Gerard points to job growth as '15 mayoral campaign gets started
CHAMPAIGN — In one of his first public events with a campaign team in tow, Mayor Don Gerard on Tuesday touted growth in Champaign during the last three years as evidence that the city is a leader in job development.
Positioned in the brand-new Hyatt Place hotel in downtown Champaign behind a placard that read "creating jobs in the city of Champaign" in all caps, Gerard said Champaign is a regional jobs leader and it took "tough political will" to do it.
His comments Tuesday came as the mayoral campaigning starts to get off the ground in advance of the April 2015 election. Gerard faces a growing field of contenders for his job: Council members Karen Foster and Deborah Frank Feinen and Champaign park board president Joe Petry have all said they are interested and have begun raising campaign funds.
And while job growth in Champaign might not be as pronounced as the numbers Gerard cited on Tuesday, he brought anecdotal evidence to back up his claims: Managers and owners from The Whip Hair Design, Wolfram Alpha, DS Volition and Maize restaurant all said they are growing, and they have the quality of life and support from the city of Champaign to thank for it.
"We always have more work to do. I'll be the first to say that," Gerard said. "But we've come a long way."
At 5.6 percent in April, unemployment in Champaign dipped to its lowest rate since Gerard took office in May 2011, although preliminary numbers from the U.S. Bureau of Labor Statistics show it likely rose again last month. The April numbers Gerard cited on Tuesday painted a bit rosier picture than what the preliminary numbers for May show, but unemployment in Champaign is nonetheless trending generally downward.
Unemployment has fluctuated a bit in Champaign since June 2009 but stayed between about 7 and 10 percent for that period of time. It peaked at 10.3 percent in January 2010.
In April, it dropped below 6 percent since for the first time since 2008, but rose a bit again in May to 6.3 percent — that would match the national average but put Champaign below the statewide average of 7.5 percent.
Gerard also cited Illinois Department of Employment Security numbers which show the Champaign-Urbana metro area added 8,500 jobs since July 2011 — up to a total 109,800 nonfarm jobs today.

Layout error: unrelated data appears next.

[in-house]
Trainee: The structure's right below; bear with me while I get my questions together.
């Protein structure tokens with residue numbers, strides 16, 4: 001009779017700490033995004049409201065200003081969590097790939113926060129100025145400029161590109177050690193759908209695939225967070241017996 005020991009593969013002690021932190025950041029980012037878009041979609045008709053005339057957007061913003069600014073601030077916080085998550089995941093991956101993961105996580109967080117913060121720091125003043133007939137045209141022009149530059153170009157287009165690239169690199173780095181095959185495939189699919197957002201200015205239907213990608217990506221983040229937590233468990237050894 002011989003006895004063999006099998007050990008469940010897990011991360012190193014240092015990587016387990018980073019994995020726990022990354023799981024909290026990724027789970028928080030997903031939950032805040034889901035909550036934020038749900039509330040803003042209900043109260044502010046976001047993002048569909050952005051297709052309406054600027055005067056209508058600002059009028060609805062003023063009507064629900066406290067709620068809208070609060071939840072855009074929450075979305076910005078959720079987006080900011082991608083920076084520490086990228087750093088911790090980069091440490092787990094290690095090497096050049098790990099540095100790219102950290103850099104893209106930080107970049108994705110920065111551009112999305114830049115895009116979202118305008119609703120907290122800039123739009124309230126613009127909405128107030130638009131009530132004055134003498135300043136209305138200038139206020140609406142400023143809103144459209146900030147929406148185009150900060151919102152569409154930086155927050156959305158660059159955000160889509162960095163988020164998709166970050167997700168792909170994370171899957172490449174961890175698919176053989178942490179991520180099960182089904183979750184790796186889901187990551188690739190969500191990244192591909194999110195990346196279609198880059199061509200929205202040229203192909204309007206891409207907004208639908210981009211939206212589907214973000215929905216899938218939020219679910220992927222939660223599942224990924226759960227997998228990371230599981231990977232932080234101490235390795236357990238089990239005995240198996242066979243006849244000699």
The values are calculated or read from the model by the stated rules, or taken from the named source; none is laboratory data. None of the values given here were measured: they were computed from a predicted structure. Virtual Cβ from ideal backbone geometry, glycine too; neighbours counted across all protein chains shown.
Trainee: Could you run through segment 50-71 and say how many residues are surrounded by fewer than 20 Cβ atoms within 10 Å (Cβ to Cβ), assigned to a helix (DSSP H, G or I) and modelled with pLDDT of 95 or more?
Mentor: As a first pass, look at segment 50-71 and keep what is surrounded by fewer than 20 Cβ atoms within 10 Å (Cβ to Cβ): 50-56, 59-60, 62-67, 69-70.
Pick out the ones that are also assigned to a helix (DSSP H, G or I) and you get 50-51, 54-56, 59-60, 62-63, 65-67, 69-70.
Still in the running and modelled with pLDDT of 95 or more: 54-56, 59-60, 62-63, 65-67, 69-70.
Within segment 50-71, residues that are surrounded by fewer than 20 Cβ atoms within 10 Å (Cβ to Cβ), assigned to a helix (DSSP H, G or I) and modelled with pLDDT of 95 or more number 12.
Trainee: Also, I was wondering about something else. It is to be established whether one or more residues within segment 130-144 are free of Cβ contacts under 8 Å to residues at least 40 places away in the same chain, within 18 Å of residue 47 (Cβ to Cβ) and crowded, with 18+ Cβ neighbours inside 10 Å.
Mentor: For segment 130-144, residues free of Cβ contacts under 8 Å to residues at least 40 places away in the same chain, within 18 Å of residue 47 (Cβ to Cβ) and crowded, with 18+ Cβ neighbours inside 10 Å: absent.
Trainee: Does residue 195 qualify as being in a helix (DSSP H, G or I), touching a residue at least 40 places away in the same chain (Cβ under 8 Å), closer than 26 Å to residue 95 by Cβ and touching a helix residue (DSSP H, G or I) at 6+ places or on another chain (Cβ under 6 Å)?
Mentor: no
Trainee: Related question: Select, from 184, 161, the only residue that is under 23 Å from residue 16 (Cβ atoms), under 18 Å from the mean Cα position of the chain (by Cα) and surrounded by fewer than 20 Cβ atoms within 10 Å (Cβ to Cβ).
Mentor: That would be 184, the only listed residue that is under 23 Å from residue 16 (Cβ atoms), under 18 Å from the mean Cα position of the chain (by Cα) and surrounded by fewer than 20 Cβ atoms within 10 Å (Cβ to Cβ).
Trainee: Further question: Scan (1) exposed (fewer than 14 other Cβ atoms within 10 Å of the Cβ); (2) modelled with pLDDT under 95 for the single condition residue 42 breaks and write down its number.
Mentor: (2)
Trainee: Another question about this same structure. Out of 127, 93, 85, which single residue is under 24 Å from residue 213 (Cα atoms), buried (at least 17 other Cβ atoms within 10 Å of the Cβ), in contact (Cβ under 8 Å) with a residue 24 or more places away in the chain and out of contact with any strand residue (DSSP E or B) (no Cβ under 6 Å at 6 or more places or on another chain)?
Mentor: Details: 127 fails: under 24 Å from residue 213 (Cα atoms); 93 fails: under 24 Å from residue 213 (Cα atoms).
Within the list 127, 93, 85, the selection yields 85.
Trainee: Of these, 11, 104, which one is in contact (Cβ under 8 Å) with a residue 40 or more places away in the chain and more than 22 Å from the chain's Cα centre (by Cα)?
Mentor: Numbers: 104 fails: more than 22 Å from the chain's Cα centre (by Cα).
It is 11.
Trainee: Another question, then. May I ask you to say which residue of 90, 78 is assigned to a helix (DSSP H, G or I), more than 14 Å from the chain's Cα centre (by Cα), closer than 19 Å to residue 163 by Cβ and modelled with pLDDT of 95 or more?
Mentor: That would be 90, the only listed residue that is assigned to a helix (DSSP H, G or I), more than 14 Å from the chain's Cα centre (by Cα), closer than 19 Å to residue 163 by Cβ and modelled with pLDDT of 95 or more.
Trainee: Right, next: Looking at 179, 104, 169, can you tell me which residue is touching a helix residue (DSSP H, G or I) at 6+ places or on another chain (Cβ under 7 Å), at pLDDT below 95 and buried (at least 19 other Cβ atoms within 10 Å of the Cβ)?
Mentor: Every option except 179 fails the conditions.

Those numbers may be a bit bloated, too, depending on which statistician you believe: The U.S. Bureau of Labor Statistics said the metropolitan area had 105,000 total nonfarm jobs in July 2011 and 107,100 last month. Meanwhile, Champaign County added an estimated 3,816 residents from 2010 to 2013.
Craig Rost, the new executive director of the Champaign County Economic Development Corporation, said context is important as communities across the state are looking to establish themselves as the regional job centers.
"This is what we're all about here," Rost said. "And if we're going to grow in the state of Illinois, we have to have good regional job growth, job development. And that is the entire county and beyond."
In recent comments to the media and during city council meetings, Gerard has continually returned to talking about a quarter-cent sales tax increase — which the city council approved last year and went into effect in January — as a boon for the city's economy. He went there again on Tuesday, holding it up as a catalyst to improve the quality of life in Champaign and make it a place where workers want to live.
"We've created an environment where we've hired back," Gerard said. "We have a full police staff, a full fire staff. We're not browning out a fire station. We put an extra $1 million on top of what we had hoped into our roads."
He also pointed to a developing skyline: As the city quickly adds student housing along Green Street, construction activity in Champaign is rebounding toward where it was before the housing market bust.
Unemployment in Champaign dipped to its lowest point in more than five years in April, but preliminary numbers show it rose again a bit in May. It is right around the national average and is beating the statewide unemployment rate.
SOURCE: U.S. Bureau of Labor Statistics